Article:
Week 6 ‘What is Web 2.0?’

This week and the notion that the Internet has not one, but two ‘iterations’, was both interesting and baffling. After the dot.com crash in the year 2001, with the popularity of the internet and the copious amount of users it began to adopt through the 90’s (in specific) the internet itself demanded more, as a modern platform for the new generations. When the millennium hit and everyone celebrated as the clock turned midnight, we stepped into a new century full of new possibilities and opportunities, one was the Internet; the web and where it was going. Before, the Internet was finding it’s feet on the unsteady ground of a wired up phone modem connection. Remember this sound?

 

 

Web 1.0 was in development, as shown in Tom O’Reilly ‘What is web 2.0?” graph below.

Web 1.0

 

Web 2.0

DoubleClick

–>

Google AdSense

Ofoto

–>

Flickr

Akamai

–>

BitTorrent

mp3.com

–>

Napster

Britannica Online

–>

Wikipedia

personal websites

–>

blogging

evite

–>

upcoming.org and EVDB

domain name speculation

–>

search engine optimization

page views

–>

cost per click

screen scraping

–>

web services

publishing

–>

participation

content management systems

–>

wikis

directories (taxonomy)

–>

tagging (“folksonomy”)

stickiness

–>

syndication

Hitting into a new century to now as we fall into the backside of 2014, one may notice some have gone further, from the changes Web 1.0 saw.  As Web 2.0 has taken hold with more than 9.5 million citations in google, these developments above, amongst many others were the changes from the new millennium. Web 1.0 was more about the centralized and corporately dominated with retail shops, personal websites and online Tetris , Web 2.0 is seen to be more to do with the inclusivity of its users, the interaction and sharing of content around the world, with Ebay, Amazon, Facebook, youtube, wordpress and online games connecting you around the world.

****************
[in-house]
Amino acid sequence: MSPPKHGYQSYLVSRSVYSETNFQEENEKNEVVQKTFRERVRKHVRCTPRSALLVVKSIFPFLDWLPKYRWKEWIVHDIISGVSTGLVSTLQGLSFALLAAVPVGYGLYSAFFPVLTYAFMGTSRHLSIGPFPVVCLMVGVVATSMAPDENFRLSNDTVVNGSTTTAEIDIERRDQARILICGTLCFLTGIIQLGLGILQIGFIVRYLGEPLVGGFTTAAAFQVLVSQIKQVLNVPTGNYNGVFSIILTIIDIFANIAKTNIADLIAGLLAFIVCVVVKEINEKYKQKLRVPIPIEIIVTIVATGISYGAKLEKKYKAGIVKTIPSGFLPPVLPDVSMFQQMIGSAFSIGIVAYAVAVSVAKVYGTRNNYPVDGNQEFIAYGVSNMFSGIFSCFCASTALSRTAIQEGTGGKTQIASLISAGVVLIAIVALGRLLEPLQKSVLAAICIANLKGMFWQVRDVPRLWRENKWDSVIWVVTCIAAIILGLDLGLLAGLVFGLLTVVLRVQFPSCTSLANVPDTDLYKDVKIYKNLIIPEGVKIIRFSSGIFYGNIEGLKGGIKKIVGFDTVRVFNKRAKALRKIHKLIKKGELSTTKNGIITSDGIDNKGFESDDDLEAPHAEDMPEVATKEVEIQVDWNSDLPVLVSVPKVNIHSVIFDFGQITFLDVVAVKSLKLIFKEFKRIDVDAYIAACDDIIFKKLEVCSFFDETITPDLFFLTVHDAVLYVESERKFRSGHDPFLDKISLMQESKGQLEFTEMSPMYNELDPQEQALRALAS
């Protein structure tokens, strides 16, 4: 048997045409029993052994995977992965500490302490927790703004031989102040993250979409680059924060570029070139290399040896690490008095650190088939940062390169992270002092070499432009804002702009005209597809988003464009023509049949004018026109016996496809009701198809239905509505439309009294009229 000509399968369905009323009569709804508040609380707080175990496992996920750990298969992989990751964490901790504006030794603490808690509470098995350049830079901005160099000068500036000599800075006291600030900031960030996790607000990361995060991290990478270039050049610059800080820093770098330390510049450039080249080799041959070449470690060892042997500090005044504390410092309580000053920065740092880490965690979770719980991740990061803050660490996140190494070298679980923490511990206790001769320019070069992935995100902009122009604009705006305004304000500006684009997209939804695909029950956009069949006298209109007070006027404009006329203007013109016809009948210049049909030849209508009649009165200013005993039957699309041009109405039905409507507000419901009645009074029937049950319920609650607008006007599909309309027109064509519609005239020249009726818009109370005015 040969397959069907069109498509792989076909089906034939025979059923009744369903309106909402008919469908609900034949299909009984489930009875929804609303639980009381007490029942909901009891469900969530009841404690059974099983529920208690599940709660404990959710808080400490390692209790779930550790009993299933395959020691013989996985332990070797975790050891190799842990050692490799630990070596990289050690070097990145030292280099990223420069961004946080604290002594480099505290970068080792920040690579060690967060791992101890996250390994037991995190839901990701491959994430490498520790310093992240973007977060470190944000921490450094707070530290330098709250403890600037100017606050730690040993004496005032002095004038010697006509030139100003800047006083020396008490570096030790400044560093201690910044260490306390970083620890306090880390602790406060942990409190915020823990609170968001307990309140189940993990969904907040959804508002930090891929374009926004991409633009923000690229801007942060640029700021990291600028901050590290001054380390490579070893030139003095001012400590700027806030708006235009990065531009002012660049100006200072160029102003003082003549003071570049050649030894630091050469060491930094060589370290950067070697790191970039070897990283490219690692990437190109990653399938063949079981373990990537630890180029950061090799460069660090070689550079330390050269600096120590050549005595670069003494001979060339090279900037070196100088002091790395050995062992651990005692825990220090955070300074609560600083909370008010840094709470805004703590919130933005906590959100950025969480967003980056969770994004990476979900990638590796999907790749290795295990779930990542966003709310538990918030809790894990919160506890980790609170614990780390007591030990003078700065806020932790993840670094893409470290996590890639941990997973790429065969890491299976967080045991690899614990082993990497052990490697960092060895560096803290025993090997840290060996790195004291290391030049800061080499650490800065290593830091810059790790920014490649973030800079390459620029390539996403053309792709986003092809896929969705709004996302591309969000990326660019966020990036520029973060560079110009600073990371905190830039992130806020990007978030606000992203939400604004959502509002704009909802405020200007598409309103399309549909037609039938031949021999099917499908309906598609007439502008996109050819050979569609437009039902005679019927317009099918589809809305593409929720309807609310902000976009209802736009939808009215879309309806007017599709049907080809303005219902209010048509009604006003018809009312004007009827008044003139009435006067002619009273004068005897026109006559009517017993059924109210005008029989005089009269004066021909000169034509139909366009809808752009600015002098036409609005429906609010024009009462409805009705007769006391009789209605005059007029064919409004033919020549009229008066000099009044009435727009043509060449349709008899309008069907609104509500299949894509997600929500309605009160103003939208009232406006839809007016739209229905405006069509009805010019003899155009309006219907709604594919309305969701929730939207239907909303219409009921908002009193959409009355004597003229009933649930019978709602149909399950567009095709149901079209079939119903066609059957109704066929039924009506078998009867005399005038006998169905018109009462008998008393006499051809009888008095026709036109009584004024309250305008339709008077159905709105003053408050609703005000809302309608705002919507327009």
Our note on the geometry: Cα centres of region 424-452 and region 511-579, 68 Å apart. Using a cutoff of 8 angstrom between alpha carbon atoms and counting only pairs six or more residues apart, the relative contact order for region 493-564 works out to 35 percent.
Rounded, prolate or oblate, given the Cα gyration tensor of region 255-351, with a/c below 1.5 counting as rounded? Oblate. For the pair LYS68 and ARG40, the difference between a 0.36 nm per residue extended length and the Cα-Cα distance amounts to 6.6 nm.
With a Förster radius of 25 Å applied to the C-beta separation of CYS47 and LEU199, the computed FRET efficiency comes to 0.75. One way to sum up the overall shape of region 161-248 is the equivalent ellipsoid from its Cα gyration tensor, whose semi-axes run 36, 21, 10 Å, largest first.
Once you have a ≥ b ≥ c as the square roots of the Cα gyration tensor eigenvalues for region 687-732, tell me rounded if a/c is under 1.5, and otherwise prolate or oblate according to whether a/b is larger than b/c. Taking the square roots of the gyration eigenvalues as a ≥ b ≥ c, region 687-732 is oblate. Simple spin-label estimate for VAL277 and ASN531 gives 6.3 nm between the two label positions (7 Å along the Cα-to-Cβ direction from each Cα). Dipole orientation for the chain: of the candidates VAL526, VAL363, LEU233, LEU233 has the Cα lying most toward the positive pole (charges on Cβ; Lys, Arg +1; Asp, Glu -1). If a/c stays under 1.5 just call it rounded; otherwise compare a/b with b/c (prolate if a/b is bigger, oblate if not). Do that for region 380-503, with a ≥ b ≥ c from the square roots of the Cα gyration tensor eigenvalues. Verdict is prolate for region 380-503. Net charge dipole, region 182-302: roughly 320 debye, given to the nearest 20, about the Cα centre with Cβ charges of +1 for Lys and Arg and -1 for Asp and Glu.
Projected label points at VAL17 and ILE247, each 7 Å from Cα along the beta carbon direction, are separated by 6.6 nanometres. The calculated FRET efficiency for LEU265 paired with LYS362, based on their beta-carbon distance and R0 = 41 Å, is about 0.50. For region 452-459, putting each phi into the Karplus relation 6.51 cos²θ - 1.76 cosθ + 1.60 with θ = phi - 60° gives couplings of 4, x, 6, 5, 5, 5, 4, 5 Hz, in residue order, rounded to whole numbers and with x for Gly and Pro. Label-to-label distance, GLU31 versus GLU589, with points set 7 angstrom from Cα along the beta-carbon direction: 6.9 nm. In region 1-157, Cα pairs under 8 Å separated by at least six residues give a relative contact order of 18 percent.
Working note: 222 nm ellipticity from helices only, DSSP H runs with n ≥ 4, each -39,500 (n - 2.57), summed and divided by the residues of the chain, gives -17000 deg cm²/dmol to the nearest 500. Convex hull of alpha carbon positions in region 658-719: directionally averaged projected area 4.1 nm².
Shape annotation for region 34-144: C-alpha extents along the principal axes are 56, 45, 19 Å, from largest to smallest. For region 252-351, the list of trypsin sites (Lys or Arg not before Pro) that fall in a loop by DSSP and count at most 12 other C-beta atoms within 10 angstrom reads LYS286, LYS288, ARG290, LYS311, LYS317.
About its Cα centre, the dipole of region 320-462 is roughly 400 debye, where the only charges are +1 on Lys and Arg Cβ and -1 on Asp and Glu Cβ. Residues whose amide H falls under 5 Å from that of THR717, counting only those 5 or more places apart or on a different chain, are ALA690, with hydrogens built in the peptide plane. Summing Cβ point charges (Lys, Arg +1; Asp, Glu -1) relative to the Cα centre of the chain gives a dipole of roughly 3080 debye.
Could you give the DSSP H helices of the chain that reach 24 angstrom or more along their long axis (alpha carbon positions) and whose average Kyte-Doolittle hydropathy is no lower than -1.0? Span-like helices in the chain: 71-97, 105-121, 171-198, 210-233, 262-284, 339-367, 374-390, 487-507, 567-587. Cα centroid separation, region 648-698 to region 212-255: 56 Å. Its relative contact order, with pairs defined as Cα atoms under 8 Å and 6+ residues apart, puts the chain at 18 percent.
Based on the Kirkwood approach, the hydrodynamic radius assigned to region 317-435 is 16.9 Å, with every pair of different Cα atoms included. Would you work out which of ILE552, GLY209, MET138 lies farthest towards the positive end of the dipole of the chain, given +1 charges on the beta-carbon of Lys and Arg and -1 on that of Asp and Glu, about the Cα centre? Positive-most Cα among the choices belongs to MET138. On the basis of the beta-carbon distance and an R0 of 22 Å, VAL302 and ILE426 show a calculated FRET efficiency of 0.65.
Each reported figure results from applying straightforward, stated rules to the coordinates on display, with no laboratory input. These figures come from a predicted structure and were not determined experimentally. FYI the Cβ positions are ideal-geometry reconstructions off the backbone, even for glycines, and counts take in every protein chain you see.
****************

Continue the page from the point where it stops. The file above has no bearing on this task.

Web 2.0 has given its audience scope to explore and generate new material and media from themselves, the consumer becomes the creator, which, as we spoke about last week turns into the ‘produser’; interacting with one another, generating new material for the web, changing it, adapting it, adding on and sharing it with the world. One of the biggest changes is the change from personal website in 1.0 to blogging in 2.0, this now has stretched into vlogging, where  youtube is a platform for vloggers to share their daily experiences . A youtube sensation and weekly vlogger is the youtube famous Jenna Marbles, famous through the blogging world.

 

 

In Paul Andersons ‘What is Web?’ Looking into where blogging originated, the word was in fact coined in 1997 by John Barger and refers to a webpage consisting of paragraphs of opinion/personal diary entries, links or information arranged chronologically in the style of an online journal for you to share with the world. Contributing to the nature of a blog with Yale Law Professor, Yochai Benkler calling it ‘a weighted conversation’ and with a access to unlimited number of readers, the interactivity of a blog is a prime example of Web 2.0. Here’s the link

http://www.jisc.ac.uk/media/documents/techwatch/tsw0701b.pdf

This is what arguably Web 2.0 has changed, and developed into, allowing its users something more. Everitt and Mills, however, argue in ‘Cultural Anxiety 2.0’ (2009) that Web 2.0 is merely just a state of marketing, the ‘changes’ led by web 2.0 all fall back on the original purpose of web 1.0 (viral interaction). “Web 1.0 was all about connecting people. It was an interactive space, and I think Web 2.0 is of course a piece of jargon, nobody even knows what it means. If Web 2.0 for you is blogs and wikis, then that is people to people. But that was what the Web was supposed to be all along.”.  The zeitgeist of the web itself, is hugely generated by the material its users share with another…if Web 2.0 is just a extension of Web 1.0 ‘s interaction…where will Web 3.0 take us and a question I am more then keen to explore into is what will it involve?